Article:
3. Announcements and/or any commentary during the celebration should be read by someone other than the readers. General Intercessions may be read by the deacon (preferably), the cantor, the reader or someone else (Introduction to the Lectionary for Mass #53).
4. The proclamation of the Word of God is truly a ministry in the Church. Priests, deacons and readers bring the living Word of God to the liturgical assembly. In and through them God speaks to the gathered faithful. The ministry of the Word, therefore, is treated seriously and with great dignity.
5. The Word of God is not merely read during the liturgy. It is proclaimed. Effective proclamation involves the delivery of the message with clarity, conviction and appropriate pace. Proclamation is a special ministry which presupposes faith and also rouses faith in those who hear the Word proclaimed.
6. Ideally, members of the assembly should listen to the proclamation of the Scriptures and refrain from reading along in missalettes. In the act of communal listening, the worshipers should experience not only unity among themselves but also the presence of Christ speaking to them through the Word (Introduction to the Lectionary for Mass #45).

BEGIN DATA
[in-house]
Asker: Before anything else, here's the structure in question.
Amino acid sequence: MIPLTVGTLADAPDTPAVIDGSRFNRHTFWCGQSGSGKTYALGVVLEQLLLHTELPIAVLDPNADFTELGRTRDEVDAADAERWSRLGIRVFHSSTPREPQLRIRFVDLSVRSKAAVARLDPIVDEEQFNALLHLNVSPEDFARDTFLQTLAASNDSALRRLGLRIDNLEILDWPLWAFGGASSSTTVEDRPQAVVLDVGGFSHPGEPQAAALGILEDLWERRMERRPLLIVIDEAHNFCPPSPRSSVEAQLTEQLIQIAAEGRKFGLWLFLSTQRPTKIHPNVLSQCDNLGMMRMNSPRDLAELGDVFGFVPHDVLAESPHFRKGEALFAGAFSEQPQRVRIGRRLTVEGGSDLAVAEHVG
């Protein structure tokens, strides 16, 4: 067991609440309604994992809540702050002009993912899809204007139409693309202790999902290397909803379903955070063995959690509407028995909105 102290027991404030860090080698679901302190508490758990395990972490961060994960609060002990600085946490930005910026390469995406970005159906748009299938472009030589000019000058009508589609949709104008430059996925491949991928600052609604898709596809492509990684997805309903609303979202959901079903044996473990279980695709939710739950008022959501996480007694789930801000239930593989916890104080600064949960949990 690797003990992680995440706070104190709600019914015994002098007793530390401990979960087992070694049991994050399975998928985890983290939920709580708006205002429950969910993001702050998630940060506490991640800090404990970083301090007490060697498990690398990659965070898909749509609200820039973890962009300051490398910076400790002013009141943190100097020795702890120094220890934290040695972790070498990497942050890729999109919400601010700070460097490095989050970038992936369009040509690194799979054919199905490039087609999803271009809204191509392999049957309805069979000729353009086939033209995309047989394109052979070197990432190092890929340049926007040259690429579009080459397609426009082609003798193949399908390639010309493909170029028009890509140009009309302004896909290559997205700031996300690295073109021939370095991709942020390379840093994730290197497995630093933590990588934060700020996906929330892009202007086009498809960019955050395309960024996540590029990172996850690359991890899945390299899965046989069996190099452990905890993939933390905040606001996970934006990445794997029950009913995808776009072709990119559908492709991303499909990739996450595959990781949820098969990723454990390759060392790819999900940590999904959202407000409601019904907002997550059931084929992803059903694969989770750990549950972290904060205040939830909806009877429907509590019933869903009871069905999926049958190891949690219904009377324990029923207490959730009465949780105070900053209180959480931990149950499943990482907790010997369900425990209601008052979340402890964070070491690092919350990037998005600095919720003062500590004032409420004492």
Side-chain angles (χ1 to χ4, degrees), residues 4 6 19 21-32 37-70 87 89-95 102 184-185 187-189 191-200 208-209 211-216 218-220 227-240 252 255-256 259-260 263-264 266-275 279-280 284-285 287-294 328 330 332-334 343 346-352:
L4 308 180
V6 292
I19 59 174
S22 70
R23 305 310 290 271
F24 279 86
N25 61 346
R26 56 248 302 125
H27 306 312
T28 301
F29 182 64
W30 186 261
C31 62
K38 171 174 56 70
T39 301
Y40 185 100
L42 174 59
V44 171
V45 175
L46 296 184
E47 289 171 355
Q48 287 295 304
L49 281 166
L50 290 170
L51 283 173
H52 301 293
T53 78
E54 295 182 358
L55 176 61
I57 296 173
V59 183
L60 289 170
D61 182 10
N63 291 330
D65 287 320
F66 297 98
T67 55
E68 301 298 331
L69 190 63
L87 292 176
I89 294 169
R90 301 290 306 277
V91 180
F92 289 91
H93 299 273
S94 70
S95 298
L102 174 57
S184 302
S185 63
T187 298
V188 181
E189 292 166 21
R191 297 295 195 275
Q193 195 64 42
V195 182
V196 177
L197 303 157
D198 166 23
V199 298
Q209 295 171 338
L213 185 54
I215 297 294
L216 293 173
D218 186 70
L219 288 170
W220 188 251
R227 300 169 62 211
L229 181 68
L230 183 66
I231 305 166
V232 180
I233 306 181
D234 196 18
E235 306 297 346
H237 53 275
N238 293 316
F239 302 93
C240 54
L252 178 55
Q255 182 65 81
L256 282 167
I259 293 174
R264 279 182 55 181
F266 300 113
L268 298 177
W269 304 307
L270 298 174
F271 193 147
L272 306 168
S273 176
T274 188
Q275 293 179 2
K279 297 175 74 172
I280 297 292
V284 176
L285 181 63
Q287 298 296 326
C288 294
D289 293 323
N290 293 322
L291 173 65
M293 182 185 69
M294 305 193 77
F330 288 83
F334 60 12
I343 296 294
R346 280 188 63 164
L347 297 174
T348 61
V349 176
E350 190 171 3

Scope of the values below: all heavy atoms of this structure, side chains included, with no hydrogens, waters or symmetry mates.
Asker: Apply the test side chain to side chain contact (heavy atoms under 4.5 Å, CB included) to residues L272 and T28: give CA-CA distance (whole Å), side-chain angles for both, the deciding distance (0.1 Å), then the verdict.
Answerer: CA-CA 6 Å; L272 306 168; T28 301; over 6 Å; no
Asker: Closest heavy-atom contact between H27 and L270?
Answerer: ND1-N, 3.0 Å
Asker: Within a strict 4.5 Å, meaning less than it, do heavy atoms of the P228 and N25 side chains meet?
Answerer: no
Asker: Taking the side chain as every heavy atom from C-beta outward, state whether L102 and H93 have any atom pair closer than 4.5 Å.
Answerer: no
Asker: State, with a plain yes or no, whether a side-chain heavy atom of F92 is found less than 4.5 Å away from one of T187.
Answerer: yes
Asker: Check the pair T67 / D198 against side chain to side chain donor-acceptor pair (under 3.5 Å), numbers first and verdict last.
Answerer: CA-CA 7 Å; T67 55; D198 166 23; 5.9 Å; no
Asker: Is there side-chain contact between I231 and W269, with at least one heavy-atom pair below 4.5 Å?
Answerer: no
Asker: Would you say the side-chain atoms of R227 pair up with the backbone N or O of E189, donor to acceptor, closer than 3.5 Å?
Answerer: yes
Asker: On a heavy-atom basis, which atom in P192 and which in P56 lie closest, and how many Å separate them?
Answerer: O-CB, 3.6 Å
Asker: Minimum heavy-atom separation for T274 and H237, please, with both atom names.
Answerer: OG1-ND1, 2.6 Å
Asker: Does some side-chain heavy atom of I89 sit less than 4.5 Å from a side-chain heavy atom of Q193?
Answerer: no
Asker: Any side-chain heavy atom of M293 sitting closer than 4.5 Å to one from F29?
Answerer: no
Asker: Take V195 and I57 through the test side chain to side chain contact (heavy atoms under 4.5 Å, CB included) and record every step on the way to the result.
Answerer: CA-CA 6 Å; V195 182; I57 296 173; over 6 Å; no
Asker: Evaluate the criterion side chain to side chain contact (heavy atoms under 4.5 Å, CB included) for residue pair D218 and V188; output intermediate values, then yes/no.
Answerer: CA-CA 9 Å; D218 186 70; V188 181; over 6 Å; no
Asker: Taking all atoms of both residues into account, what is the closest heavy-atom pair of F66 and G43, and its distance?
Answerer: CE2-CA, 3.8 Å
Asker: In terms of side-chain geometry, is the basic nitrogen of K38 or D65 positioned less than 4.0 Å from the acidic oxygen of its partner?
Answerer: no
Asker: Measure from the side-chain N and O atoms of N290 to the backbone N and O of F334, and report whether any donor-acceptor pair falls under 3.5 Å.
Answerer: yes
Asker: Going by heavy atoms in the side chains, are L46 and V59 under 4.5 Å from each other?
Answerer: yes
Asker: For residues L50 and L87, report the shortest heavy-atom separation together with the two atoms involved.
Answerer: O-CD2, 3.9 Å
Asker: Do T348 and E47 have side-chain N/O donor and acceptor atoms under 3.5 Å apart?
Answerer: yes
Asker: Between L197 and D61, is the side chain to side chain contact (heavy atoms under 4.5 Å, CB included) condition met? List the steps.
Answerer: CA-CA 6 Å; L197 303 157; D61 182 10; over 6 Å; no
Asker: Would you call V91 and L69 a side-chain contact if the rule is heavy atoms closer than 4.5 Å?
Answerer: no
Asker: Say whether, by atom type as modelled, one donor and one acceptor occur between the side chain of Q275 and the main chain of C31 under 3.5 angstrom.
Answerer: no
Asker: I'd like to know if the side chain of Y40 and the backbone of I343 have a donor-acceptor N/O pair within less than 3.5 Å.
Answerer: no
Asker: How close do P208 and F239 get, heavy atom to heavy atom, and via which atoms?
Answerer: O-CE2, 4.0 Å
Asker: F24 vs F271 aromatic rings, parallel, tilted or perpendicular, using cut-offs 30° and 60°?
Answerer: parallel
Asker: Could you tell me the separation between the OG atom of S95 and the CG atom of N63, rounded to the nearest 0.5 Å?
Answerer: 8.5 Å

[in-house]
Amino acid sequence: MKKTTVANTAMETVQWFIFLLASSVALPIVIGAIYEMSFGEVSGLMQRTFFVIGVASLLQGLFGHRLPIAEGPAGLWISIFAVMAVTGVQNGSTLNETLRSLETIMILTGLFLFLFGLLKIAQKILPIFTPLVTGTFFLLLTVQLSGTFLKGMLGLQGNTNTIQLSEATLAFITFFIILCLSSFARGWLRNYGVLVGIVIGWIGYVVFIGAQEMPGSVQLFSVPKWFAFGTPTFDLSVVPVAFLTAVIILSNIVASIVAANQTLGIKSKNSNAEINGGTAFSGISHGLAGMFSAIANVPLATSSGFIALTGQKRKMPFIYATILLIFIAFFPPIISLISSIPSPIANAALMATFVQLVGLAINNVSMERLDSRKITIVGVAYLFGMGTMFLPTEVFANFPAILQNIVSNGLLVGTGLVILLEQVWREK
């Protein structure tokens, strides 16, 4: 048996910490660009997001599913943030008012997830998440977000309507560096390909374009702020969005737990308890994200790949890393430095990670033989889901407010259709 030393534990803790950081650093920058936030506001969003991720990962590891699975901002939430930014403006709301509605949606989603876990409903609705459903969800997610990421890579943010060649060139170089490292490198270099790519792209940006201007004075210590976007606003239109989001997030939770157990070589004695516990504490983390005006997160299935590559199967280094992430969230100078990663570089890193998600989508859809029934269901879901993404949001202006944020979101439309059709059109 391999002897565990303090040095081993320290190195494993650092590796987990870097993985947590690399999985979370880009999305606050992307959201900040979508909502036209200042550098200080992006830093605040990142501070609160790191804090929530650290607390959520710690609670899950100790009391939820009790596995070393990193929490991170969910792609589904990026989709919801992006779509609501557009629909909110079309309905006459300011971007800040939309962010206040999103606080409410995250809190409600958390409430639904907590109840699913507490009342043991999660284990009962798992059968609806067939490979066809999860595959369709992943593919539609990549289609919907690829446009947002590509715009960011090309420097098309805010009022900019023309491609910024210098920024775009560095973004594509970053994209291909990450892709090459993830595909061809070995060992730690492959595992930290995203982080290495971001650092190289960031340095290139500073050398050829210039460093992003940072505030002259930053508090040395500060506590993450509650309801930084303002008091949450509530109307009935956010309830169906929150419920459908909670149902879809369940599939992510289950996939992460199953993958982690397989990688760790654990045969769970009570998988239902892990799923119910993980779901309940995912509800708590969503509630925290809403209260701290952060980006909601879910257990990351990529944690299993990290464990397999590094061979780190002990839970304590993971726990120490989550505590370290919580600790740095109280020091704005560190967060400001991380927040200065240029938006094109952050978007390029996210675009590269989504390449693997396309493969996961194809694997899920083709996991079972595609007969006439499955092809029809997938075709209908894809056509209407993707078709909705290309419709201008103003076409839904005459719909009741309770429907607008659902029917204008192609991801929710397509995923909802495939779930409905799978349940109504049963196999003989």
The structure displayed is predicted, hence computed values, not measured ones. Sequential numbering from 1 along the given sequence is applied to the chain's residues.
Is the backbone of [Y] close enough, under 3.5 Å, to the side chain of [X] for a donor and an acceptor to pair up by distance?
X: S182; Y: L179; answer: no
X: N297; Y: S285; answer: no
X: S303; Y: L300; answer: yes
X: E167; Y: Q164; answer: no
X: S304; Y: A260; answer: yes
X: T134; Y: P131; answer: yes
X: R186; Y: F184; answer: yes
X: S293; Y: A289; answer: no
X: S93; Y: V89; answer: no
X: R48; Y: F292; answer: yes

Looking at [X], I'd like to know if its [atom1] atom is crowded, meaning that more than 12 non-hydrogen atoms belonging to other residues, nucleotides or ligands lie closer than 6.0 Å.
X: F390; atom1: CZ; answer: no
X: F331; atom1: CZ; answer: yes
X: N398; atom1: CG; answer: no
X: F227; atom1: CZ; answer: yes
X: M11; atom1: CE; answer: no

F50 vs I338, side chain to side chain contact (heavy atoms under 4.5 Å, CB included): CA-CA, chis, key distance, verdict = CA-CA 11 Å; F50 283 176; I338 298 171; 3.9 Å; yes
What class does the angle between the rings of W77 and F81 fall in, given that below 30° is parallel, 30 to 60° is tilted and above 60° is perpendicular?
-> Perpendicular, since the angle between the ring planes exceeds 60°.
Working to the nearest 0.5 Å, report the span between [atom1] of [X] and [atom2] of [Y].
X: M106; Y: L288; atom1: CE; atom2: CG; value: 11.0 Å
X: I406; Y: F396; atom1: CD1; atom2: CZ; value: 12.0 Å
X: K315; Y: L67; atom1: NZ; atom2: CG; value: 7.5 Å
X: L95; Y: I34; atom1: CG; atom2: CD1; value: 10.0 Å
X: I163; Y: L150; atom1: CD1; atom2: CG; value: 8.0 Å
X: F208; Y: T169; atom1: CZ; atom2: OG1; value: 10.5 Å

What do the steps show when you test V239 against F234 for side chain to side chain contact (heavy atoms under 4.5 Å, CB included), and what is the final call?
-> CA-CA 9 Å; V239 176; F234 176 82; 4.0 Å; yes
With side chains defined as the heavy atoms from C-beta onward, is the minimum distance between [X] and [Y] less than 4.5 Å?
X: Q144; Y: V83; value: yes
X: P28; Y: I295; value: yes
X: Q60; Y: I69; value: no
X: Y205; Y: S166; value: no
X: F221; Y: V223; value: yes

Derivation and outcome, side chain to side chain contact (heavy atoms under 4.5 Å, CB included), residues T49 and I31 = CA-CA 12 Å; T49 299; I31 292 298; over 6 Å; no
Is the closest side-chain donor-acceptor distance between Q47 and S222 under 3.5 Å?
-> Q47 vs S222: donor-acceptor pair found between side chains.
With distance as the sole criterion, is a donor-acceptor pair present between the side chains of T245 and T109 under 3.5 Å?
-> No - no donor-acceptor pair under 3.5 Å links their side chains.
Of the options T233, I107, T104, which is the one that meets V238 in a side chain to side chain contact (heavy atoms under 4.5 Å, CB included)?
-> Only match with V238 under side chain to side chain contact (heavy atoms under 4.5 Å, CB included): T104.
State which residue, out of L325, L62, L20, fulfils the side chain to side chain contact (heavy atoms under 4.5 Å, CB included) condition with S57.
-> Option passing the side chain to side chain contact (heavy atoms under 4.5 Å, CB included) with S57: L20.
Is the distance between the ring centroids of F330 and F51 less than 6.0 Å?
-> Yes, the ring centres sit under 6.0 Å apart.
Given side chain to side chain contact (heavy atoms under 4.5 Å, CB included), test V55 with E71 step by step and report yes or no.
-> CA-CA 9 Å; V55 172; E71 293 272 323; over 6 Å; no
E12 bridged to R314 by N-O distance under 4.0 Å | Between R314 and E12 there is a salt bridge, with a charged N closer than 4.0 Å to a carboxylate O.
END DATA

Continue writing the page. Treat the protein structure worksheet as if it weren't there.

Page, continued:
Listening is not an isolated moment. It is a way of life. It means openness to the Lord's voice not only in the Scriptures but in the events of our daily lives and in the experience of our brothers and sisters. It is not just my listening but our listening together for the Lord's word to the community (Fulfilled in Your Hearing: The Homily in the Sunday Assembly #20 National Conference of Catholic Bishops).
7. All liturgical ministers, especially the ministers of the Word, must be properly trained for their ministry. The ministry of the Word requires skill in